Thirdly, in this same passage, chapter 2:20-23, you see that these teachers are also teaching sort of an asceticism, a bodily form of excessive self-denial which was apparently very significant in their teaching. All these teachings were being add-mixed with Christian truth and according to the Apostle Paul, not only changing the gospel but endangering the spiritual lives of the believers at Colossae because truth is unto godliness and untruth leads to destruction.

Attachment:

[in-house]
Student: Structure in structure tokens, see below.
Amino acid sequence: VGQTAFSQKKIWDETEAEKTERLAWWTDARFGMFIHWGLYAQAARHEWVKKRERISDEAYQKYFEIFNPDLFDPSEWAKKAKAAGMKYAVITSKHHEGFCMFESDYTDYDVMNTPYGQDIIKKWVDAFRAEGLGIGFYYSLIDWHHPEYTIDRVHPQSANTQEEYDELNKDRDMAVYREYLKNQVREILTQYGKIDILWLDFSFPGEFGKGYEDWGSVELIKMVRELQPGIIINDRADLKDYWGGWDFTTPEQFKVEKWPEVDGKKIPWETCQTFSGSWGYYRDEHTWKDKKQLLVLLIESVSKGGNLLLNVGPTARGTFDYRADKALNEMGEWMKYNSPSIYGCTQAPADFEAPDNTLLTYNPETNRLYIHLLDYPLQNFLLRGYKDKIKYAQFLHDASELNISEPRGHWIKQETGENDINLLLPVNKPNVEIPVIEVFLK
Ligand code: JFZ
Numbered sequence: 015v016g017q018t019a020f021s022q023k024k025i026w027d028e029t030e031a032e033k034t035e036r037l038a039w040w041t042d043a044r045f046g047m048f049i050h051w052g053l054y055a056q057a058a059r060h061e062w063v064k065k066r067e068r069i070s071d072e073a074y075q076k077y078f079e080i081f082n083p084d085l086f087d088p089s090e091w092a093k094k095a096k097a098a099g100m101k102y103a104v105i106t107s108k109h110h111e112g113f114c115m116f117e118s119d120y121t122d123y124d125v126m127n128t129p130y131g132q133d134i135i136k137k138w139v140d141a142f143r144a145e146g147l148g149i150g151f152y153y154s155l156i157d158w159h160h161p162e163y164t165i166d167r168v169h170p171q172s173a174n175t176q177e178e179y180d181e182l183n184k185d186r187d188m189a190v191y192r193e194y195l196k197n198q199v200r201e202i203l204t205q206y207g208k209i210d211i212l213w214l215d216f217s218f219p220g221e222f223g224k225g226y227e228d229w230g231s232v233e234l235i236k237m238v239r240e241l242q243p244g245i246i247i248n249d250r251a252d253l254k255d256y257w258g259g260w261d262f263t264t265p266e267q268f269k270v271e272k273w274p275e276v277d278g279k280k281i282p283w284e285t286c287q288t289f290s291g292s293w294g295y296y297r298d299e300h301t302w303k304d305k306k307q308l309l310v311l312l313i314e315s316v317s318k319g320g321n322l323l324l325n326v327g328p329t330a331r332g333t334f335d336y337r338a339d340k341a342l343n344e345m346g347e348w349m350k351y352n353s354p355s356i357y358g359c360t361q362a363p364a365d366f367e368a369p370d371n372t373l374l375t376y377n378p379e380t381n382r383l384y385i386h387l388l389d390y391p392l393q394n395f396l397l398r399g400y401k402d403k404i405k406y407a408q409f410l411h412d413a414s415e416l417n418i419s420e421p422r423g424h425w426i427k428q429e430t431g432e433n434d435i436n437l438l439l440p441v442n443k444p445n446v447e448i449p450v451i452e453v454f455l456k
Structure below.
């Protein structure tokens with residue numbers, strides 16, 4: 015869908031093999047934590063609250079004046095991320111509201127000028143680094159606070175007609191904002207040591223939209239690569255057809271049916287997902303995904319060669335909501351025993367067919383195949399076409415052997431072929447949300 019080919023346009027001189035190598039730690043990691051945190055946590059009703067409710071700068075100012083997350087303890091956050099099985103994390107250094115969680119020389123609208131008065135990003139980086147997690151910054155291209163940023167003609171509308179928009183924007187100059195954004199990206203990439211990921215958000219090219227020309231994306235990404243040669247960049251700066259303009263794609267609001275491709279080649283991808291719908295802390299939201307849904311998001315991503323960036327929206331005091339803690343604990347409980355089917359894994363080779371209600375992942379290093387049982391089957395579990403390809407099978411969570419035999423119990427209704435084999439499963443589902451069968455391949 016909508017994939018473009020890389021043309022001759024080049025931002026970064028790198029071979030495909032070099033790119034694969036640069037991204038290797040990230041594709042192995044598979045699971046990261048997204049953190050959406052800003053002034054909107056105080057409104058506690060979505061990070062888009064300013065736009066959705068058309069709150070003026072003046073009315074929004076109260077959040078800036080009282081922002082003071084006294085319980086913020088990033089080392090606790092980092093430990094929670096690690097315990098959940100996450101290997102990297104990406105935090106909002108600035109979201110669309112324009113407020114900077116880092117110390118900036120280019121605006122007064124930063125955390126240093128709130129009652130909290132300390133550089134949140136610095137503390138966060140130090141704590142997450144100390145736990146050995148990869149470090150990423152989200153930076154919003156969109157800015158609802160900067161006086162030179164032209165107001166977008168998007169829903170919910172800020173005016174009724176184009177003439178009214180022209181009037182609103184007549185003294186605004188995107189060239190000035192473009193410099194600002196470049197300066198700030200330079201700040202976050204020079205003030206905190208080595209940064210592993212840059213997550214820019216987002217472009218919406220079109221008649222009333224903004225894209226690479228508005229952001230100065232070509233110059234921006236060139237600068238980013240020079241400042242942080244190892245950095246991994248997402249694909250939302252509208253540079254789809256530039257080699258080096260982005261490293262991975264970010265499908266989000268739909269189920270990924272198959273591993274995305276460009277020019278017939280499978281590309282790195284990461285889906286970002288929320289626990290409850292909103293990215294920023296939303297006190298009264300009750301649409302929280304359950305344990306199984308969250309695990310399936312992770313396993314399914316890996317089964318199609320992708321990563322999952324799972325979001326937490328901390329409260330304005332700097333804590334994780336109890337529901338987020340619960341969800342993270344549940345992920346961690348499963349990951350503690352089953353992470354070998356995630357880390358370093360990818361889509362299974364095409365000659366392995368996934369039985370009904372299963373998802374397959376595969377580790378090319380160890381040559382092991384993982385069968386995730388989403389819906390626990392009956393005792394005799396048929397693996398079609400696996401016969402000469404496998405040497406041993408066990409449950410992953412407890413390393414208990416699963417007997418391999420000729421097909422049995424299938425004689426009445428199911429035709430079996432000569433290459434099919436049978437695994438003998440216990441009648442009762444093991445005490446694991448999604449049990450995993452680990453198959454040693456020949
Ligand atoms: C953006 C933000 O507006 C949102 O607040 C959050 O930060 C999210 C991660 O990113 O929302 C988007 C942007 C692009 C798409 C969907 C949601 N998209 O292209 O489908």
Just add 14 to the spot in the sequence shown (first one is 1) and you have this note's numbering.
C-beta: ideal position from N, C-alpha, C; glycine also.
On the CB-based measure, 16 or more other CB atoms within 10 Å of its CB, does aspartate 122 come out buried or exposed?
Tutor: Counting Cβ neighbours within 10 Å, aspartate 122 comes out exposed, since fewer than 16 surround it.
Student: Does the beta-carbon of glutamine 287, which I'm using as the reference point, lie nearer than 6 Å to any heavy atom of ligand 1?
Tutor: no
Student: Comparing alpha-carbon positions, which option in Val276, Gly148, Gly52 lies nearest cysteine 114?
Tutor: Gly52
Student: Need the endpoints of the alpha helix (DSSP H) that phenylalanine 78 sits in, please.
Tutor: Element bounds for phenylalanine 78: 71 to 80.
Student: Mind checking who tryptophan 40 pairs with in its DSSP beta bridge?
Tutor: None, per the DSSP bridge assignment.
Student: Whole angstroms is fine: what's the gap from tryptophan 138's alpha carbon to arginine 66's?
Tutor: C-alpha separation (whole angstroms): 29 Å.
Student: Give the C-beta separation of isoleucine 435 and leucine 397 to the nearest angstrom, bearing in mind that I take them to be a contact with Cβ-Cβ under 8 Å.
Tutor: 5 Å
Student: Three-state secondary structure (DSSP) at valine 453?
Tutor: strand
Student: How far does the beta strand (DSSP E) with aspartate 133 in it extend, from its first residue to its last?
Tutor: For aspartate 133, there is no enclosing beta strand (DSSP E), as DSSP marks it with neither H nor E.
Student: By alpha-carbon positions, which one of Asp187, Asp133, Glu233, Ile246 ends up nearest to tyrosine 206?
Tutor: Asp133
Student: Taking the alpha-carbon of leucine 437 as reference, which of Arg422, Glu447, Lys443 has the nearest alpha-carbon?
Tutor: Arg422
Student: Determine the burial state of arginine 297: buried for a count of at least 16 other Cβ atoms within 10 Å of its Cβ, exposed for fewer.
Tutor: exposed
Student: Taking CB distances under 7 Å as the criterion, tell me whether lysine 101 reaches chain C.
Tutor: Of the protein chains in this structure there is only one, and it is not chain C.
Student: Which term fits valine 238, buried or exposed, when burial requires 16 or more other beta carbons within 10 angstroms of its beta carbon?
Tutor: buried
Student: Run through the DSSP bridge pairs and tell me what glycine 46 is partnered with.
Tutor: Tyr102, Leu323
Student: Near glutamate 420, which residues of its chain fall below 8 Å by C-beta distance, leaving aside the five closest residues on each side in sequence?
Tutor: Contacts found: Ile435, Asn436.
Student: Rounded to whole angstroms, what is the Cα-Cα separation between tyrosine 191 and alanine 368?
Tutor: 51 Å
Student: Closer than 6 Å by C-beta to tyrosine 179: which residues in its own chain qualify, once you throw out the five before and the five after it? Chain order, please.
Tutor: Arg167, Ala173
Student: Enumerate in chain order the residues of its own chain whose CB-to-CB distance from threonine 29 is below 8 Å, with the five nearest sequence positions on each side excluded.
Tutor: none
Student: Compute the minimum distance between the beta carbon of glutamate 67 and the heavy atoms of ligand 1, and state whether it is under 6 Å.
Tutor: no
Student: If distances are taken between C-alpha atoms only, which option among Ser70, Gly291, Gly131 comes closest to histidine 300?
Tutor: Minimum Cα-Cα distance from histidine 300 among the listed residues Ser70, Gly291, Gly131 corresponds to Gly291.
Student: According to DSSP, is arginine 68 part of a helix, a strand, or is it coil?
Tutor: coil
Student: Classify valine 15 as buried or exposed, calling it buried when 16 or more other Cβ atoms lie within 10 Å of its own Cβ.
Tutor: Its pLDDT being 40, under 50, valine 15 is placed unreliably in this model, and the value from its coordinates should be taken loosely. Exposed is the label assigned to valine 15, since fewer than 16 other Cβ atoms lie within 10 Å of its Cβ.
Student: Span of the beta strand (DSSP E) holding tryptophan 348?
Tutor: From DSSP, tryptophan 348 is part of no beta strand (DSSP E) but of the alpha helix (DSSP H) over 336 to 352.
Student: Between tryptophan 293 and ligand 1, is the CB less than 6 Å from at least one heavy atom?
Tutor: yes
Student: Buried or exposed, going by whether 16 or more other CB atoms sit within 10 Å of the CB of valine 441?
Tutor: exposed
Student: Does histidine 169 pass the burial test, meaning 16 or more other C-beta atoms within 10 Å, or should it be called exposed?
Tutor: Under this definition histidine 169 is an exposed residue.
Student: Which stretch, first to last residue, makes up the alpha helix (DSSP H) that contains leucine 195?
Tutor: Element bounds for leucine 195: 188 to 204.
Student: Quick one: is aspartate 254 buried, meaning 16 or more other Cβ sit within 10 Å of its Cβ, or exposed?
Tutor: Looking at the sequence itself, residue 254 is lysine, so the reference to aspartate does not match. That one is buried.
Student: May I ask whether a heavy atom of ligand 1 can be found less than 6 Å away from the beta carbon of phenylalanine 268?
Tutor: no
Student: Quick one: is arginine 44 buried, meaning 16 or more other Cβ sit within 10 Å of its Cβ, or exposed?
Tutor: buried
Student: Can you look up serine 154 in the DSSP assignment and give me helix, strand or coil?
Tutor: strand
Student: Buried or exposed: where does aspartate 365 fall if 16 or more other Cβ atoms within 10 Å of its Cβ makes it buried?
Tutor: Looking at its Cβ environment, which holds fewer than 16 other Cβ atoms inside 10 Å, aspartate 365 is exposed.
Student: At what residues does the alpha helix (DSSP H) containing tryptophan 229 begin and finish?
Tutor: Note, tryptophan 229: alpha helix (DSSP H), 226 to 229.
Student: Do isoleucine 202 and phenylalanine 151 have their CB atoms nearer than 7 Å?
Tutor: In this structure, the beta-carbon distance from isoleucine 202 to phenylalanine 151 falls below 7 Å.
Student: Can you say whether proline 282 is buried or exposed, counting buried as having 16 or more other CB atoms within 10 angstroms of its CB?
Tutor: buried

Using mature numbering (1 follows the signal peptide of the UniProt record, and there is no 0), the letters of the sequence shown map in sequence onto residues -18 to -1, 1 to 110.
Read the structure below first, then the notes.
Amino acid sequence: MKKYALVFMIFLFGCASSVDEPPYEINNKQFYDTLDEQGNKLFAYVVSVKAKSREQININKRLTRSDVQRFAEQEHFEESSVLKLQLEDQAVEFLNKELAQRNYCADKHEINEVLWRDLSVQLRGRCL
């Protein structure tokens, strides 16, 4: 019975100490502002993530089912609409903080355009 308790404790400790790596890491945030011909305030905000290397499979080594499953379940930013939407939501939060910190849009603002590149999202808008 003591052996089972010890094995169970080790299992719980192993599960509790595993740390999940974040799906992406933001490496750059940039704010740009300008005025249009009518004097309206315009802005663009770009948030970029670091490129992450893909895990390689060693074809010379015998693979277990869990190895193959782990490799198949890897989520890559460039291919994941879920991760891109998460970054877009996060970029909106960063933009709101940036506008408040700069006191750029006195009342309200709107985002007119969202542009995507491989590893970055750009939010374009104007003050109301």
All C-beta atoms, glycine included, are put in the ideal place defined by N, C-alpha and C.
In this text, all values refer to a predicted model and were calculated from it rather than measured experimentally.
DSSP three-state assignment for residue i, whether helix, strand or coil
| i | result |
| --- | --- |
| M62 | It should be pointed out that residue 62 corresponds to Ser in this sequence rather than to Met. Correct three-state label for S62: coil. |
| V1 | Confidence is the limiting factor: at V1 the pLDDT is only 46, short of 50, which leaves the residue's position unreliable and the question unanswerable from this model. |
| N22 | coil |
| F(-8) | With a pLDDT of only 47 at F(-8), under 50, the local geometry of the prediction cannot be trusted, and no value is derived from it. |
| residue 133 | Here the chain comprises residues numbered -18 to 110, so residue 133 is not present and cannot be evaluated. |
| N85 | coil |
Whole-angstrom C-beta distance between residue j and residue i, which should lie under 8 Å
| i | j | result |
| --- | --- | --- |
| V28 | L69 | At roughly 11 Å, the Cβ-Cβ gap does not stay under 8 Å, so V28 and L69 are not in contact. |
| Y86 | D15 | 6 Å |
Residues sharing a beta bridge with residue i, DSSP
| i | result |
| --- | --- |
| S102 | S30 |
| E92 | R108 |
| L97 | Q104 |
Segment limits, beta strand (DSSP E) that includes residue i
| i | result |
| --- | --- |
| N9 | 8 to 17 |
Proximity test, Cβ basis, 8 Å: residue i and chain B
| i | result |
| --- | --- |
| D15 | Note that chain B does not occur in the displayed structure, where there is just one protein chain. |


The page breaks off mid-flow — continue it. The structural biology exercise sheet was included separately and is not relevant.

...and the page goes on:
And so the Apostle Paul writes this letter to combat this error, to combat this error which offered a fullness of spiritual experience which had never been previously known by the Christians in Colossae, to combat this error which offered a new spiritual freedom for those who would follow it. To combat this error which claimed a particular insight into the powers of evil and the ability to protect the Colossians from those powers. To combat this error which offered a deeper knowledge of God and a greater experience of his power. To combat this error which inclines some to think of themselves as superior to other believers. To combat this error for its impressive self-denial and to combat this error which was divisive in the church in Colossians, the Apostle Paul presses home one truth applied in a multiple variety of ways over and over again in the book and that one truth is the sole sufficiency of Christ to this error. Paul's antidote is the unfolding of the cosmic implications of Christ's absolute pre-eminence and directing us to the sole sufficiency of his saving work. Paul's one answer to this erroneous teaching is the person and work of Christ. For the message of the book of Colossians is that believers are complete in Christ and that faith in him necessarily rules out reliance on anything outside of him, anything subsidiary or under him. For nothing in the universe is outside the scope of his sovereignty and so the Apostle Paul sets forth before them the sufficient Christ, the solely sufficient Christ, the sovereign Christ and the incomparable Christ.